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Corydoras metae EIGENMANN, 1914

Bandit Cory


Corydoras: from the Ancient Greek κόρυς (korus), meaning ‘helmet’, and δορά (dora), meaning ‘skin, hide of an animal’, in allusion to the rows of bony plates on the flanks of genus members.

metae: named for its type locality, the Río Meta in Colombia.




Endemic to the Río Meta, a major tributary of the Río Orinoco in eastern Colombia and western Venezuela. It is known from several tributaries within the upper basin including the ríos Humea, Ocoa, Guatiquía (including its two branches the ríos Negrito and Guayuriba), Manacacias, and Metica (the name given to the upper Río Meta above its confluence with the Río Humea). It appears to be absent from the lower Meta and has not been recorded in Venezuela.

Type locality is ‘Barrigona, Rio Meta, Colombia’, corresponding to Puerto Barrigon on the Río Humea.

Maximum Standard Length

40 – 50 mm.

Aquarium SizeTop ↑

Base dimensions of 80 ∗ 30 cm or equivalent are recommended for long-term care.


Ideally use a substrate of fine sand, although rounded gravel is an acceptable alternative provided it is kept scrupulously clean.

Other décor is largely down to personal choice, but some cover should be provided.

Water Conditions

Temperature20 – 26 °C

pH6.0 – 7.5

Hardness90 – 215 ppm


Corydoras spp. are foraging omnivores and will accept most sinking dried foods, as well as small live and frozen varieties such as chironomid larvae (bloodworm), Tubifex, etc. Feeding a varied diet will ensure the fish are in optimum condition.

Under no circumstances should they be expected to survive on ‘left-overs’ from other inhabitants of the aquarium or relied on to ‘clean’ the aquarium.

Behaviour and CompatibilityTop ↑

Peaceful and gregarious. Should be maintained in a  group of at least 4-6 individuals.

Sexual Dimorphism

Females tend to grow larger, and sexually mature individuals are noticeably rounder and broader-bodied than males, especially when gravid.


Can be bred in a similar fashion to many other Corydoras species.

Use a ratio of two males per female if possible. When the females are visibly full of eggs perform a large (50-70%) water change with cooler water, and increase oxygenation and flow in the tank. Repeat this daily until the fish spawn.

Eggs are normally deposited on the aquarium glass, but it is recommended to provide alternatives in the form of fine-leaved vegetation or fine spawning mops.

Once spawning is complete either adults or eggs should be removed; the latter can usually be rolled gently up the glass with a finger. The new container should contain the same water as the spawning tank and be similarly well-oxygenated.

Most breeders add a few drops of methylene blue, or an alder cone or two at this point in order to prevent the eggs developing fungus.

Incubation is normally 3-4 days and once the fry have fully-absorbed their yolk sacs they are able to accept small live foods such as microworm, Artemia nauplii, etc.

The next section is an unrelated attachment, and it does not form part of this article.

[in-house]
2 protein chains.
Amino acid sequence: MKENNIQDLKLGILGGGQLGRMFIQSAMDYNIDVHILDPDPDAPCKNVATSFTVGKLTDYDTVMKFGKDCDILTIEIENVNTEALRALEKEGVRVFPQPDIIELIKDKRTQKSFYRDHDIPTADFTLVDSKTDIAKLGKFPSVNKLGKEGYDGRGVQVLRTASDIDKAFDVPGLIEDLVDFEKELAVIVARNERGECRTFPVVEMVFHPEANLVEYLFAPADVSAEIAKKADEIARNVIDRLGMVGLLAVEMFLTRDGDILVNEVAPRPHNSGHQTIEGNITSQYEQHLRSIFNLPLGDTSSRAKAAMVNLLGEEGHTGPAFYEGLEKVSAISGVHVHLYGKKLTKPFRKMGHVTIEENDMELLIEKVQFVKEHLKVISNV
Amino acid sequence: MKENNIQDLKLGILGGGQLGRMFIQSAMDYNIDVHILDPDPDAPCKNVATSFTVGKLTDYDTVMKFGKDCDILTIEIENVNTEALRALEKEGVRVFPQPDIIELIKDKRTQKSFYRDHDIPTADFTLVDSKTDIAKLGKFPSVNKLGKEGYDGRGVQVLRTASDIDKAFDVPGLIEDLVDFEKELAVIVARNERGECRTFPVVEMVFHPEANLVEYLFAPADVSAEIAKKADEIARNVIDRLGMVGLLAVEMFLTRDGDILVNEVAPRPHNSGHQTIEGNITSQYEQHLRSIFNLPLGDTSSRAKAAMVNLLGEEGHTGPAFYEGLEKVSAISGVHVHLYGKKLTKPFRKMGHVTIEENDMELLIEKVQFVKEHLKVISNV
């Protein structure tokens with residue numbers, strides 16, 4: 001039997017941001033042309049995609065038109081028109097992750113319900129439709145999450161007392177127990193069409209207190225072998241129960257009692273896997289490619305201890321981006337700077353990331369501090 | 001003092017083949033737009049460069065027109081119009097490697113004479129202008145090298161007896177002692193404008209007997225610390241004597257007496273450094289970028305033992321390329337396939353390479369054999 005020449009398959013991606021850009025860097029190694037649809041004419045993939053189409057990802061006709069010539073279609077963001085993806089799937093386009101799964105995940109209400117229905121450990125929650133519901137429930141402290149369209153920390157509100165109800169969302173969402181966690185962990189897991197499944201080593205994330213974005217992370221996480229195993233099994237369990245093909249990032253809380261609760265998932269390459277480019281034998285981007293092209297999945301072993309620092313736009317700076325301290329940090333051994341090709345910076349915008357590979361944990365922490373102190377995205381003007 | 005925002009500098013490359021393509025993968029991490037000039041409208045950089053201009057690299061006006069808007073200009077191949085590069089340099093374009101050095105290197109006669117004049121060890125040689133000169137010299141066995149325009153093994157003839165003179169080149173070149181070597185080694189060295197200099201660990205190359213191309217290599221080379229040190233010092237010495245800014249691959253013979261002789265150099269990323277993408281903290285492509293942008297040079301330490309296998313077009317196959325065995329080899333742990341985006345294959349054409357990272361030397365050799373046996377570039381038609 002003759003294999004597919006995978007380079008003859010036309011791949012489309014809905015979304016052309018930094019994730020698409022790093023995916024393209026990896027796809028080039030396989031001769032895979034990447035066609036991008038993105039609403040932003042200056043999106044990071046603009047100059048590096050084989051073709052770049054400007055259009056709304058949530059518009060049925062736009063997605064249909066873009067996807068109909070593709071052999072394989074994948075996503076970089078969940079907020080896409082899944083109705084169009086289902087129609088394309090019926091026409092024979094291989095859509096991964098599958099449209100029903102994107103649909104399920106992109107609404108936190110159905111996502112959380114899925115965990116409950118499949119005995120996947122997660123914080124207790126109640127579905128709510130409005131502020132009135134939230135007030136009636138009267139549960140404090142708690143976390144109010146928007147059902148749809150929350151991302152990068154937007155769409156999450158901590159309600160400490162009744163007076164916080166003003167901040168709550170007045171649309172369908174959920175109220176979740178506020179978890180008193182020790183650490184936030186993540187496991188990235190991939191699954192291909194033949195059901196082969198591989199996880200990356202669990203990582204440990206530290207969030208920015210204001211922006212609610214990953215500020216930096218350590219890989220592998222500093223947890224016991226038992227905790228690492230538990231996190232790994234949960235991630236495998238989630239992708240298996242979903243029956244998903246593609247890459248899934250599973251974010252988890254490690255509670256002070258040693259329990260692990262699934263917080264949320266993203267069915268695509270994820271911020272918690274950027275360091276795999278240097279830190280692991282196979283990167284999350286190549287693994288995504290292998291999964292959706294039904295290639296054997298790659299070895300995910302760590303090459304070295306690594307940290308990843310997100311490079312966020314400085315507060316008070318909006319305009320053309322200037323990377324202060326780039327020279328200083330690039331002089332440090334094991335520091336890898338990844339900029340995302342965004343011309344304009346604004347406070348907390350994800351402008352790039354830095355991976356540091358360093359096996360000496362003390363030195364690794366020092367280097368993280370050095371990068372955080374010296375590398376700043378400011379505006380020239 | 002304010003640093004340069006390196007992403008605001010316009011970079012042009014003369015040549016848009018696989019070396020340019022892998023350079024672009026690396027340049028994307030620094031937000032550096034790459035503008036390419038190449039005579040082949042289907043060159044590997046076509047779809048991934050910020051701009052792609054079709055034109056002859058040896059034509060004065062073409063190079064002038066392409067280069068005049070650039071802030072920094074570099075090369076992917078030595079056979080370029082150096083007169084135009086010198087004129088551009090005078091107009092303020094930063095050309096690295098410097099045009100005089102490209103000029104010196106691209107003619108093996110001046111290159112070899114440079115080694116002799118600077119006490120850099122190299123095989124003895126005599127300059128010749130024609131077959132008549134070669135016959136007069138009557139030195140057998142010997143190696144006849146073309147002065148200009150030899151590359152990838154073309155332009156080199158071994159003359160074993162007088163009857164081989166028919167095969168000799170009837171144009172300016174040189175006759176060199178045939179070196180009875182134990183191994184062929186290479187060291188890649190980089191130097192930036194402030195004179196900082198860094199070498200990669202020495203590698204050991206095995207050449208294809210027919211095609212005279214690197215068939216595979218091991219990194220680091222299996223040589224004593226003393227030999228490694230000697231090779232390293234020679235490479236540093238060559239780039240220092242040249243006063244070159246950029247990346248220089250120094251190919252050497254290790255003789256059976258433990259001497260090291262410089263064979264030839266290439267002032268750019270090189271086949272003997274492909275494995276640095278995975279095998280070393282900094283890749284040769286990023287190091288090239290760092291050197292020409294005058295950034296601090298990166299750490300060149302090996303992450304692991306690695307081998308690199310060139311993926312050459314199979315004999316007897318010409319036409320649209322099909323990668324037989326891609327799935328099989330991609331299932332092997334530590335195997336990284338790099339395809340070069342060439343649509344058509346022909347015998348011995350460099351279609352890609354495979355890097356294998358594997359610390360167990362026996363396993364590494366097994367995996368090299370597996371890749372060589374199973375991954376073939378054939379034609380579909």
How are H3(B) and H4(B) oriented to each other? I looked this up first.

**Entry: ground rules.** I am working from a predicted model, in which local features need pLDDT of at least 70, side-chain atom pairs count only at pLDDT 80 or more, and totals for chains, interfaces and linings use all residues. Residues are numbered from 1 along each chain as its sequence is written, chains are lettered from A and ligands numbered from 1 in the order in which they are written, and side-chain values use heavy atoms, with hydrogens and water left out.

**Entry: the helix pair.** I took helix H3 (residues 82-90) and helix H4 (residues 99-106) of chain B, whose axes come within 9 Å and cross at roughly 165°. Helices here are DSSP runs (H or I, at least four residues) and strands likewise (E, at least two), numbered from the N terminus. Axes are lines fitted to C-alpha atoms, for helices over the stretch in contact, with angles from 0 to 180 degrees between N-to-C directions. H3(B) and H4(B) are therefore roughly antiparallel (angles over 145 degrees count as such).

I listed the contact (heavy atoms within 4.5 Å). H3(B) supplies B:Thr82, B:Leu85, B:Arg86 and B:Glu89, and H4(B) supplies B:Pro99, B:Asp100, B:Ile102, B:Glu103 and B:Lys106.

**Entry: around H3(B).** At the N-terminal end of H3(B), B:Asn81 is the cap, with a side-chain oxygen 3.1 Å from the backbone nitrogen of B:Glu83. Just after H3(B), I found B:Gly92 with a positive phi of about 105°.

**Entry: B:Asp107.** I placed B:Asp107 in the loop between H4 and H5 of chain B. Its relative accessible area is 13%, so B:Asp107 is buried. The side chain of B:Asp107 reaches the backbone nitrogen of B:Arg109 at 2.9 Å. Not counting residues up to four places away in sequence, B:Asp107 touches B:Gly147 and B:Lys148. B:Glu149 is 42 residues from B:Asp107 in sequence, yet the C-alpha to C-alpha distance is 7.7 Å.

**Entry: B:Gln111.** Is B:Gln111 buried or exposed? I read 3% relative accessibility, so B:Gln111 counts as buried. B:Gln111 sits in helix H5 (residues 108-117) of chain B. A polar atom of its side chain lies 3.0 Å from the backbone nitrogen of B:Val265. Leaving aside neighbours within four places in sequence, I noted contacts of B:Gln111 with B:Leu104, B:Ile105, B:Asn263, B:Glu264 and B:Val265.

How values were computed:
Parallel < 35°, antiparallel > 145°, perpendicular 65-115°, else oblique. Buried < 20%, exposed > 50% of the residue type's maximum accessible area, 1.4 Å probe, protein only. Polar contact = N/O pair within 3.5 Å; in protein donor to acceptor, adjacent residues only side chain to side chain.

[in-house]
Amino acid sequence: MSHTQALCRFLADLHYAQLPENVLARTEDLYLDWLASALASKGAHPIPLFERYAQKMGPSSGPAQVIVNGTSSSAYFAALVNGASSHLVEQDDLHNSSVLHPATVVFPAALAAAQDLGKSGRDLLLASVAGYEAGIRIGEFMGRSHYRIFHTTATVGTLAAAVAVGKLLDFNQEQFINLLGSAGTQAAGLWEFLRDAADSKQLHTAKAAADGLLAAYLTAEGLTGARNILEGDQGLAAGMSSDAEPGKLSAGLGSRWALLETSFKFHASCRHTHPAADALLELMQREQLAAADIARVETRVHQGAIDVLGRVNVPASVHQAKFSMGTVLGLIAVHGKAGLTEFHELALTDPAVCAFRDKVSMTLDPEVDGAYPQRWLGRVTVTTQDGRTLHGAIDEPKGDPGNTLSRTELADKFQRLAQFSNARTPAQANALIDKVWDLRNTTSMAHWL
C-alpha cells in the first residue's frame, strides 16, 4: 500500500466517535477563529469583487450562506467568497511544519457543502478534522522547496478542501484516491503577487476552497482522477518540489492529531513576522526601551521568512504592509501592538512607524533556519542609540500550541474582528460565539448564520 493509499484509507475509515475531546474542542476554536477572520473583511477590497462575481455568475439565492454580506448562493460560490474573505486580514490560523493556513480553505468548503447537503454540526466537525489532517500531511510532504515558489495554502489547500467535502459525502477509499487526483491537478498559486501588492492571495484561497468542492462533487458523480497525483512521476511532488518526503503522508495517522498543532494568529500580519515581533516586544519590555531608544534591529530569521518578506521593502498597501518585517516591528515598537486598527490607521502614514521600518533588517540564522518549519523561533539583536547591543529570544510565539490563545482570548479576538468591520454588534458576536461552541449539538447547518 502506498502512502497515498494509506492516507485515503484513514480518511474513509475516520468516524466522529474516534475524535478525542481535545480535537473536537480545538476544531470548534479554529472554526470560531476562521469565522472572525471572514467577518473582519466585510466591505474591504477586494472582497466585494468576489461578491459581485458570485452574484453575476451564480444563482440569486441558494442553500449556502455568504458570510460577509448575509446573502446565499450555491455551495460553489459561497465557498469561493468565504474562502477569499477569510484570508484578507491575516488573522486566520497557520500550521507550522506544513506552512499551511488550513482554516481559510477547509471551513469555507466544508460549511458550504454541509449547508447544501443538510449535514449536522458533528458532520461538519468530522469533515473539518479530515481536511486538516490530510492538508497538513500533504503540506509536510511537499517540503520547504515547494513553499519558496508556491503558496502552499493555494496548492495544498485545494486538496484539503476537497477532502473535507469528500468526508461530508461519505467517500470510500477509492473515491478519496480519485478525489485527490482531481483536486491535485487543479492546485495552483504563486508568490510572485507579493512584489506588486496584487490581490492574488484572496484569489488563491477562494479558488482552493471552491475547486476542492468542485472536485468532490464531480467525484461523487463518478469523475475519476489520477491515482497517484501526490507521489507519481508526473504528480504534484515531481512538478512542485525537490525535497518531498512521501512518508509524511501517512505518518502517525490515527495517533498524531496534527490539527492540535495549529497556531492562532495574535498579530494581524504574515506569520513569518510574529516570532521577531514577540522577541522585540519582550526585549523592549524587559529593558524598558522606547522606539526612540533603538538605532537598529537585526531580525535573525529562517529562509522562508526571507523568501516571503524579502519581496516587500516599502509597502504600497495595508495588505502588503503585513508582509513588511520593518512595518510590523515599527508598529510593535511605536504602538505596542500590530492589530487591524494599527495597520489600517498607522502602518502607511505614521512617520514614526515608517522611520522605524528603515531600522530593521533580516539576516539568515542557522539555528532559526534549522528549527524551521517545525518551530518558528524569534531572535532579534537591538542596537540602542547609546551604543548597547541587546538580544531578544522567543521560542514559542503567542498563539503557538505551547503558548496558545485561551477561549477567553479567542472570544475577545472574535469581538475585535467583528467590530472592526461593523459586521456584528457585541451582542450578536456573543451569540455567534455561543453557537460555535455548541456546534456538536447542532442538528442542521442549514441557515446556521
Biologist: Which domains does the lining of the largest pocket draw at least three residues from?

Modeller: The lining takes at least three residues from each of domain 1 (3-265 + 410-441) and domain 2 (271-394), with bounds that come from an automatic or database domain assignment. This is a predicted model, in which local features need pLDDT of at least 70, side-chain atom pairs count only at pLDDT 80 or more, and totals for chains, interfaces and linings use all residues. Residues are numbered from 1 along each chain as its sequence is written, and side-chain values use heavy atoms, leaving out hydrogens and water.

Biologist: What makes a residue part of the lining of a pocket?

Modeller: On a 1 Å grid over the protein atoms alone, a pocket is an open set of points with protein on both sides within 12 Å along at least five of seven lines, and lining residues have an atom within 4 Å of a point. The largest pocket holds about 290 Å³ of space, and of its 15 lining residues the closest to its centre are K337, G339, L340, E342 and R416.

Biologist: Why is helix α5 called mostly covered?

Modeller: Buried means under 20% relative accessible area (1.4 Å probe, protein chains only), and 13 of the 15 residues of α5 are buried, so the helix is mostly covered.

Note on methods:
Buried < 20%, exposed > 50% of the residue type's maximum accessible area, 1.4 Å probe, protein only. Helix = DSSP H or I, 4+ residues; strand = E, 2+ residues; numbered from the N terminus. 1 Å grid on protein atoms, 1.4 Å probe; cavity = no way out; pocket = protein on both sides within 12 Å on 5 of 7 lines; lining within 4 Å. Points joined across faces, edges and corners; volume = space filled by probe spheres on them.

They require excellent water quality, but seem less susceptible to ailments when maintained over a thin layer of sand rather than in a bare-bottomed arrangement.

NotesTop ↑

This species is also referred to as ‘masked’ or ‘Meta’ cory in the aquarium hobby. It can be distinguished from similar-looking congeners by the form of the oblique dark bar on the posterior portion of the body, which terminates at the caudal-fin base and does not extend onto the fin itself or split into two on the caudal peduncle. There are no additional dark markings on the body.

The genus Corydoras is among the largest catfish groups and currently contains over 150 valid species. It is included in the family Callichthyidae, of which members are often referred to collectively as ‘armoured’ or ‘mailed’ catfishes group due to the presence of bony plates in place of scales on the body.

Their taxonomy can be confusing, and numerous undescribed species are also thought to exist. Fish of unconfirmed identification entering the aquarium hobby are typically assigned a ‘C‘ or ‘CW‘ number for purposes of reference and organisation.

They are facultative air breathers and possess a modified, highly vascularised intestine which has evolved to facilitate uptake of atmospheric oxygen and aid survival in oxygen-deprived environments. In the aquarium you’ll occasionally see them rising to the surface to take in gulps of air.

The stiffened pectoral-fin spines are capable of piercing human skin and a ‘sting’ can be very painful indeed, so care should be exercised when handling them. It is thought that secretions from the axillary glands at the base of each spine may even be mildly toxic or venomous.


  1. Eigenmann, C. H., 1914 - Indiana University Studies No. 23: 229-230
    On new species of fishes from the Rio Meta Basin of eastern Colombia and on albino or blind fishes from near Bogotá.
  2. Ferraris, C. J., Jr., 2007 - Zootaxa 1418: 1-628
    Checklist of catfishes, recent and fossil (Osteichthyes: Siluriformes), and catalogue of siluriform primary types.
  3. Fuller, I. A. M., and H-G. Evers, 2005 - Verlag A.C.S. GmbH: 1-384
    Identifying Corydoradinae Catfish.
  4. Greven, H., T. Flasbeck and D. Passia, 2006 - Verhandlungen der Gesellschaft für Ichthyologie, Band 5: 65-69
    Axillary glands in the armoured catfish Corydoras aeneus (Callichthyidae, Siluriformes).
  5. Reis, R. E., S. O. Kullander, and C. J. Ferraris, Jr. (eds) , 2003 - EDIPUCRS, Porto Alegre: i-xi + 1-729
    Check list of the freshwater fishes of South and Central America. CLOFFSCA.
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